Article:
PETER LA FRANCHI / SYDNEY
Modified Sukhoi Su-30MKI will carry three air-launched versions of supersonic weapon
The Indo-Russian Brahmos consortium is planning to flight-test a Sukhoi Su-30MKI modified to simultaneously carry three air-launched versions of the supersonic Brahmos anti-ship missile by late this year. A land-attack version of the weapon is also at an advanced stage of development and will start trials late this year or in early 2005.
Brahmos consortium officials at the Pacific 2004 naval exhibition in Sydney this month said that modifications to the basic Su-30MKI design are being jointly undertaken with the Sukhoi design bureau. The changes include strengthening the inboard wing pylons to carry the heavyweight missile, and development of a missile interface system. The modified Su-30MKI will be able to carry a Brahmos on each of its inboard wing pylons, with a third missile attached to its centreline pylon.
Development work on the air-launched version of Brahmos is at an advanced stage, with changes to the existing ship-launched version including a discardable nose fairing to improve missile dynamics while on the pylon and the fitting of additional stabiliser fins. Up until late 2003 the air-launched version had been thought to be at least two to three years away from flight testing.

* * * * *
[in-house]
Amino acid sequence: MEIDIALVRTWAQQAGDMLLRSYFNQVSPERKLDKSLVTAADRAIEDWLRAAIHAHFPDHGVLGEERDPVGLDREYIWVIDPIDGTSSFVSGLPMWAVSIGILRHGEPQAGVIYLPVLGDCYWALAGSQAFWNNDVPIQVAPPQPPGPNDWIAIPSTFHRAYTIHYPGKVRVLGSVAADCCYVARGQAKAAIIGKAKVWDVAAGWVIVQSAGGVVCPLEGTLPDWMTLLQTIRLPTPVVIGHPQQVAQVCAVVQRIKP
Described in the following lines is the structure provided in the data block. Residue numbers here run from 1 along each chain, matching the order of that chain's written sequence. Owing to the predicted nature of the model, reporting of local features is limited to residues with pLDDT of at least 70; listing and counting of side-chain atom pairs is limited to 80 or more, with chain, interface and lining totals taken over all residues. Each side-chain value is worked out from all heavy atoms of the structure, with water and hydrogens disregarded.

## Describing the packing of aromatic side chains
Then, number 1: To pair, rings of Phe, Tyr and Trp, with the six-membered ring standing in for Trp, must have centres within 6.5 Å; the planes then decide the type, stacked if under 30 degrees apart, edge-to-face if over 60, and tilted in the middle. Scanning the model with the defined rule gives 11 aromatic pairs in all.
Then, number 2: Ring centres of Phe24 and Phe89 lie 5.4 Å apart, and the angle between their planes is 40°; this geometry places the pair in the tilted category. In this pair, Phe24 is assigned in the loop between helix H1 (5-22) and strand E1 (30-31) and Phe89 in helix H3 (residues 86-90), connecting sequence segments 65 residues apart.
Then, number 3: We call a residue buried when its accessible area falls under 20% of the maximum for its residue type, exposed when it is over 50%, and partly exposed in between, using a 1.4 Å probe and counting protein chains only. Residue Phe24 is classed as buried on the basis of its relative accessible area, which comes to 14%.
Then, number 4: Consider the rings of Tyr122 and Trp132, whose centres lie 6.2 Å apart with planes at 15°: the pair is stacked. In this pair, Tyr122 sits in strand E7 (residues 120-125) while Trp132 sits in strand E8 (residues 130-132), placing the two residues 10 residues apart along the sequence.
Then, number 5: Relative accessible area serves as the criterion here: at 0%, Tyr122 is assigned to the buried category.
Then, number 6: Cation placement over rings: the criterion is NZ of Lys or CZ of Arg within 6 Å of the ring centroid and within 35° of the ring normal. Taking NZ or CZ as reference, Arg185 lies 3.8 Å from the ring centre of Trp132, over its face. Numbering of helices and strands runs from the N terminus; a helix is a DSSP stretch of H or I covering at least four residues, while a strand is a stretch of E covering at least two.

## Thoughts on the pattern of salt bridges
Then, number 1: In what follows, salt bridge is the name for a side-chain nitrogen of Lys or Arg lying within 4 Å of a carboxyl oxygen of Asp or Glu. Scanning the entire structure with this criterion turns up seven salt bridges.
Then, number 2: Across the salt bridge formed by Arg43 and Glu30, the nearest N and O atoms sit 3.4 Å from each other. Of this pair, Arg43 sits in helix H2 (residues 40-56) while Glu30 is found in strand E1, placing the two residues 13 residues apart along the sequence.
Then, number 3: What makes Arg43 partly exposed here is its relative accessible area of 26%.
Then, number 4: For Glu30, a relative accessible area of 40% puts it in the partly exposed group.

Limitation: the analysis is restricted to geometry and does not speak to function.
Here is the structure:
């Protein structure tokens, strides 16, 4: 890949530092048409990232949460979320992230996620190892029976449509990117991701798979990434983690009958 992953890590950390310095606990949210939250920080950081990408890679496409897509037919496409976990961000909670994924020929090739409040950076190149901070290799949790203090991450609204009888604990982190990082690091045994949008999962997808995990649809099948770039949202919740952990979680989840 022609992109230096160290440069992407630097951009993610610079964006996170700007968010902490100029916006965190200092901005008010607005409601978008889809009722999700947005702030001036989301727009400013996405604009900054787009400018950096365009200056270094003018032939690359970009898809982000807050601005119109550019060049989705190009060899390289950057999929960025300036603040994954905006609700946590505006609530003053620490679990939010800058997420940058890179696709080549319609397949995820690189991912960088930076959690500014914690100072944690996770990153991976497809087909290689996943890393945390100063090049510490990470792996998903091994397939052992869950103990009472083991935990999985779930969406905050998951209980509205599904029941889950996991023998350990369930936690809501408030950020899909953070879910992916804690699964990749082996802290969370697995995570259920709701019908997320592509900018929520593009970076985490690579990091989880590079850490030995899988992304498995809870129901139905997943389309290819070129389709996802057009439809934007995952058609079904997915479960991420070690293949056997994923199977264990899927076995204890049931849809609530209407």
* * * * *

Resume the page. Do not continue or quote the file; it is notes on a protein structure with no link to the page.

The Brahmos missile is powered by a liquid ramjet engine and has a maximum speed of Mach 2.8. It can carry a warhead of up to 300kg (660lb) over a distance of about 290km (160nm). The weapon is an evolution of the Russian 3M55 Oniks/Yakhont anti-ship missile, with the air-launched version having close parallels to the Yakhont-M unveiled at the MAKS air show in Moscow last August.
The land-attack version of Brahmos would feature a larger warhead and a multi-spectral sensor array, probably based on a combination of infrared, television and radar. The missile would use aircraft sensors to provide initial targeting co-ordinates, but would be capable of supporting man-in-the-loop control in terminal flight. Consortium officials say the land-attack variant will have the same range as the existing anti-ship system, despite these changes.
The Brahmos consortium comprises India's Defence Research and Development Organisation and Russia's NPO Mashinostroyenia company.
Source: Flight International